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Peace mission begins
Russians jump gun, enter Kosovo first

PRISTINA, Yugoslavia -- NATO peacekeepers began moving into Kosovo on Saturday, just hours after a Russian armored column entered the province's capital in what Russian officials called a mistake.

NATO Chinook and Puma helicopters carrying members of Britain's elite Gurkha rifle regiment and paratroopers flew across the border, setting into motion "Operation Joint Guardian," one of the biggest military undertakings in Europe since World War II.U.S. Apache attack helicopters flew parallel with the British across the border.

The helicopters will land troops on high ground along a gorge overlooking the main road north to the Kosovo capital Pristina, where Russian troops arrived hours earlier unexpectedly.

Shortly after the helicopters flew into Kosovo, NATO vehicles began rolling into the province at Blace, Macedonia, pool reporters said.

"We're going in to secure peace and make peace," Brigadier Adrian Freer, commander of the British 5th Airborne brigade, said as he prepared to depart. "I don't see this as a victory or triumphalist approach. We've got to make sure we rebuild this country into a peaceful part of Europe."

Hours earlier, a convoy of Russian soldiers moved into Kosovo's capital to the crackle of celebratory gunfire, honking horns and cheering Serb crowds. Russian Foreign Minister Igor Ivanov said the troops had arrived "unfortunately" and that they had been ordered to leave Kosovo.

"The reasons for this are being determined. They have been ordered to leave Kosovo immediately and to await further orders," Ivanov said in comments carried by CNN. The White House welcomed Ivanov's announcement.

The troops from Russia, a nation many Serbs view as an ally, arrived as British and French NATO troops waited in Macedonia on Kosovo's southern border, preparing to enter as part of an international peacekeeping force authorized by the United Nations.

U.S. Deputy Secretary of State Strobe Talbott went into immediate pre-dawn talks with officials in Moscow, but it was unclear which officials had ordered the Russian troops to move. The Russian news agency ITAR-Tass said the decision was made by the Russian Defense Ministry and the Yugoslav military.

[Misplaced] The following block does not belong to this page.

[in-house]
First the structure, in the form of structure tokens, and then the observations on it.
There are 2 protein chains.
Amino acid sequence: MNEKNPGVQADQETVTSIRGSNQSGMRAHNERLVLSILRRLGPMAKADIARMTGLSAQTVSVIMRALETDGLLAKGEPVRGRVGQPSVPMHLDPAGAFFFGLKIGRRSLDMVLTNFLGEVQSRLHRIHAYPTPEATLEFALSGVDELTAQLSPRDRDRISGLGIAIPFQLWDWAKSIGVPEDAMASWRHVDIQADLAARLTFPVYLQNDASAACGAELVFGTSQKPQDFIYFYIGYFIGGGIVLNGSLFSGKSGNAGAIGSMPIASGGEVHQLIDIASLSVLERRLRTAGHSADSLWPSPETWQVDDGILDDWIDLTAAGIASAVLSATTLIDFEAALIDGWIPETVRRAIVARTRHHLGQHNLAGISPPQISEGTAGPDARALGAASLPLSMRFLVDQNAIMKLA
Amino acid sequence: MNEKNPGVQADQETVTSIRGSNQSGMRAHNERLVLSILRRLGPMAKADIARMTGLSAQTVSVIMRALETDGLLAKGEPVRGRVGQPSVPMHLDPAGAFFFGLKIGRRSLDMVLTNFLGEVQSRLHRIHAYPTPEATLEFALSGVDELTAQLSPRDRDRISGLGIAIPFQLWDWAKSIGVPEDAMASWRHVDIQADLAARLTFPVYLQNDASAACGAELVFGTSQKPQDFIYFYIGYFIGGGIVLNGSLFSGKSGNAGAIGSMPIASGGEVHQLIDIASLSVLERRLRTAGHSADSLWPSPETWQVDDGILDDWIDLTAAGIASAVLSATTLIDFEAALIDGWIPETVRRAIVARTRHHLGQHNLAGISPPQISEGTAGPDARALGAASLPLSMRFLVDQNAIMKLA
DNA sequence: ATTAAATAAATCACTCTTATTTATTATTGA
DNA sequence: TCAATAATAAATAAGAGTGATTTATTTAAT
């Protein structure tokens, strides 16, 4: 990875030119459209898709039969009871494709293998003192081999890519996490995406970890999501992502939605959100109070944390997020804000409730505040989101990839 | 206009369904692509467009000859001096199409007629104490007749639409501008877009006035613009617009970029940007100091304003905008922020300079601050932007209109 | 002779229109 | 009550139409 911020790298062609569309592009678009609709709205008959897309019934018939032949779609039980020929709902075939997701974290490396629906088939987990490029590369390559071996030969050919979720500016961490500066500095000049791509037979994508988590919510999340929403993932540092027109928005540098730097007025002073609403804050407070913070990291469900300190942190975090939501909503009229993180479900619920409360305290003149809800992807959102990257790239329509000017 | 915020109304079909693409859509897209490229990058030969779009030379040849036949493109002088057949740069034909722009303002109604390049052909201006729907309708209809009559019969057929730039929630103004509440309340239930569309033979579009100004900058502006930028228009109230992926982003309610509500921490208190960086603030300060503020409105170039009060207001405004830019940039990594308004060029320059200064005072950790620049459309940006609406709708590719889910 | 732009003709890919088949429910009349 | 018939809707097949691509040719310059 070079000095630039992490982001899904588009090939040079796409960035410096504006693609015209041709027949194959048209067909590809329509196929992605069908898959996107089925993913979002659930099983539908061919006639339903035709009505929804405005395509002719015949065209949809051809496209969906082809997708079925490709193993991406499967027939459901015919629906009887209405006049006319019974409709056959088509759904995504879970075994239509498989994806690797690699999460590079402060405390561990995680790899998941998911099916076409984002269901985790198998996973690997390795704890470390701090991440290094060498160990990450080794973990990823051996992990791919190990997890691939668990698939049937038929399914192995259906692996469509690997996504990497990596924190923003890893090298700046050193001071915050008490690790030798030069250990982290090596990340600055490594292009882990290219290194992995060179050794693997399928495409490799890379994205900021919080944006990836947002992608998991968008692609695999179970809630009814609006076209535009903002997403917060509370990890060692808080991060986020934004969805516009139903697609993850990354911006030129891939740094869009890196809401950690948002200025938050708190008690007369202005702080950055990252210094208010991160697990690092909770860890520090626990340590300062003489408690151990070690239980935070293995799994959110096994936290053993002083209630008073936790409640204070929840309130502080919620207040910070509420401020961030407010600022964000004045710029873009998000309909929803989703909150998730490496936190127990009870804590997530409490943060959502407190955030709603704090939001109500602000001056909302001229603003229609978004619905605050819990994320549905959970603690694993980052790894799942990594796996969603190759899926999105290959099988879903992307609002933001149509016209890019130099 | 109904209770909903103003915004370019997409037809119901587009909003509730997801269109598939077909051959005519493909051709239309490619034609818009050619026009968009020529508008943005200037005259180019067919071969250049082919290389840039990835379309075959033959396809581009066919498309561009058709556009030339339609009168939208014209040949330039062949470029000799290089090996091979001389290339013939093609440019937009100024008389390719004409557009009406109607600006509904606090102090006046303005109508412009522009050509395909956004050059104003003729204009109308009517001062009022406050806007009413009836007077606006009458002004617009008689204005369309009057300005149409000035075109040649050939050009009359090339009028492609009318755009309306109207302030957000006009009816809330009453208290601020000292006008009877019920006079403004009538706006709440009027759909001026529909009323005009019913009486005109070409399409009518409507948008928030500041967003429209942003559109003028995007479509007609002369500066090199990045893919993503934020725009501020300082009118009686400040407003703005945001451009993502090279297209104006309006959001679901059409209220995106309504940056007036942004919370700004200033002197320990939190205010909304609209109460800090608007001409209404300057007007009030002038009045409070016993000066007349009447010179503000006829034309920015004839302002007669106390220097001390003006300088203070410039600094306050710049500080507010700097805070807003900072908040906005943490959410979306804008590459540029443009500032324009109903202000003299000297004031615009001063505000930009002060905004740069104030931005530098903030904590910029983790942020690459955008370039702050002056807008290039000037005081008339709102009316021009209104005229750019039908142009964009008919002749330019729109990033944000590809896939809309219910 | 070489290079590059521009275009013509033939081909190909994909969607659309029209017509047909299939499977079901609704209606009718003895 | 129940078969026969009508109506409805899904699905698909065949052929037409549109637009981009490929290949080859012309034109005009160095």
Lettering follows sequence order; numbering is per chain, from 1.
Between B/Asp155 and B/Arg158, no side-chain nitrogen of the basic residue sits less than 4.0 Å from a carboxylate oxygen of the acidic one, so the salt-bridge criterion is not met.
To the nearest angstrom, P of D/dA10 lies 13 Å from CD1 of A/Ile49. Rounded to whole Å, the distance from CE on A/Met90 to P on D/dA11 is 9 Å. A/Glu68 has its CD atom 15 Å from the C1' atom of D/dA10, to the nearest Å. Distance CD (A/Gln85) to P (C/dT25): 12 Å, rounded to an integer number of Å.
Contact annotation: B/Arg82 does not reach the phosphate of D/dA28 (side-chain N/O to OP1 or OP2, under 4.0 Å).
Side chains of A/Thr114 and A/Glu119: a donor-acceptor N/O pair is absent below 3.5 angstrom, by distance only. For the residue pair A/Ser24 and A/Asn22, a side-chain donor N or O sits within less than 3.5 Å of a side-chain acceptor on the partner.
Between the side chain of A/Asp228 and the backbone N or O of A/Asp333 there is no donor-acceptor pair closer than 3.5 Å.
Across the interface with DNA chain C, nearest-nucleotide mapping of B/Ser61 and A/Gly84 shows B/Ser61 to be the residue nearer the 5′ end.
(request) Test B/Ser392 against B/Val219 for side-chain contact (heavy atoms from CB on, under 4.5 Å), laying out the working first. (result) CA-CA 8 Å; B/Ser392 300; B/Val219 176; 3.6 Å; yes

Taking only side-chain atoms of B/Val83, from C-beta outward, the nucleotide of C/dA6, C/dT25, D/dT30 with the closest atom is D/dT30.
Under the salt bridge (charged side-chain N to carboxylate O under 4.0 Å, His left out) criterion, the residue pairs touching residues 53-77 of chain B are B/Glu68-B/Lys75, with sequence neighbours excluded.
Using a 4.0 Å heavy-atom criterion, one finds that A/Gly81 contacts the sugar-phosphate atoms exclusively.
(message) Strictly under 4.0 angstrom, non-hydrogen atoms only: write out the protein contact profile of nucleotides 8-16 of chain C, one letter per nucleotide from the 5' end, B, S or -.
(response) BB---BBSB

ITAR-Tass quoted an unnamed "high-ranking officer" from the Yugoslav general staff as saying Serbia "is interested in seeing Russian peacemakers entering Kosovo first."

There was also no immediate sign if the troops would obey the orders Ivanov announced. The Russians moved west to the village of Kosovo Polje on the outskirts of the city near the airport and stopped for the night. The convoy was believed to contain 200 to 300 soldiers. The Yugoslavia news agency said were 10 armored personnel carriers and 30 trucks.

Russia has been widely expected to take part in the peacekeeping force, but Talbott had failed Friday to resolve differences with Moscow over who would command the Russians and where they would be based.

Russian generals have been demanding a separate zone within Kosovo under their control. NATO has strongly opposed this, fearing creation of a zone in Kosovo where Serbs might still be able to exercise authority.

With shouting, flag-waving, fireworks and shots fired into the air, thousands of people crowded the main street of Kosovo's capital city to greet the Russian soldiers, who arrived shortly after midnight (6 p.m. EDT). Many Serbs in Kosovo fear that NATO peacekeepers will be unwilling or unable to protect them from attacks by Kosovo Liberation Army guerrillas and Albanian refugees when they return to the province.

The convoy crept through an avenue jammed with people, many waving the Yugoslav flag and shouting, "Russia! Russia!" As it drove past the downtown Grand Hotel, people jumped on the vehicles, hailing the Russians as heroes.

"It's very important the Russians came first," said Miroslav Dancetovic, 18. "They are on our side, while NATO openly supports the Albanian side."

In Washington, officials said they had been reassured by Russia that its troops would not be deployed in Kosovo ahead of the international peacekeeping force, known as KFOR. When the convoy arrived, White House Spokesman Joel Lockhart said, "We're currently trying to get clarification about the facts."

After Ivanov spoke, Lockhart said, "As Foreign Minister Ivanov has said, it was an unfortunate mistake, and the Russian troops will be withdrawn immediately. We're pleased that they've agreed to rectify the situation. The constructive talks toward determining the Russian's role in the peacekeeping forces continue with Strobe Talbott in Moscow."

Conflicting reports on Russia's intentions had emerged Friday morning after the armored Russian column arrived from Bosnia in Belgrade.

Russia's Interfax news agency initially said about 1,000 Russians would be leaving Saturday afternoon and flying to cities in Kosovo, including Pristina.

But then, quoting unidentified high-ranking military sources, ITAR-Tass said plans to go all the way to Kosovo on Friday had been called off.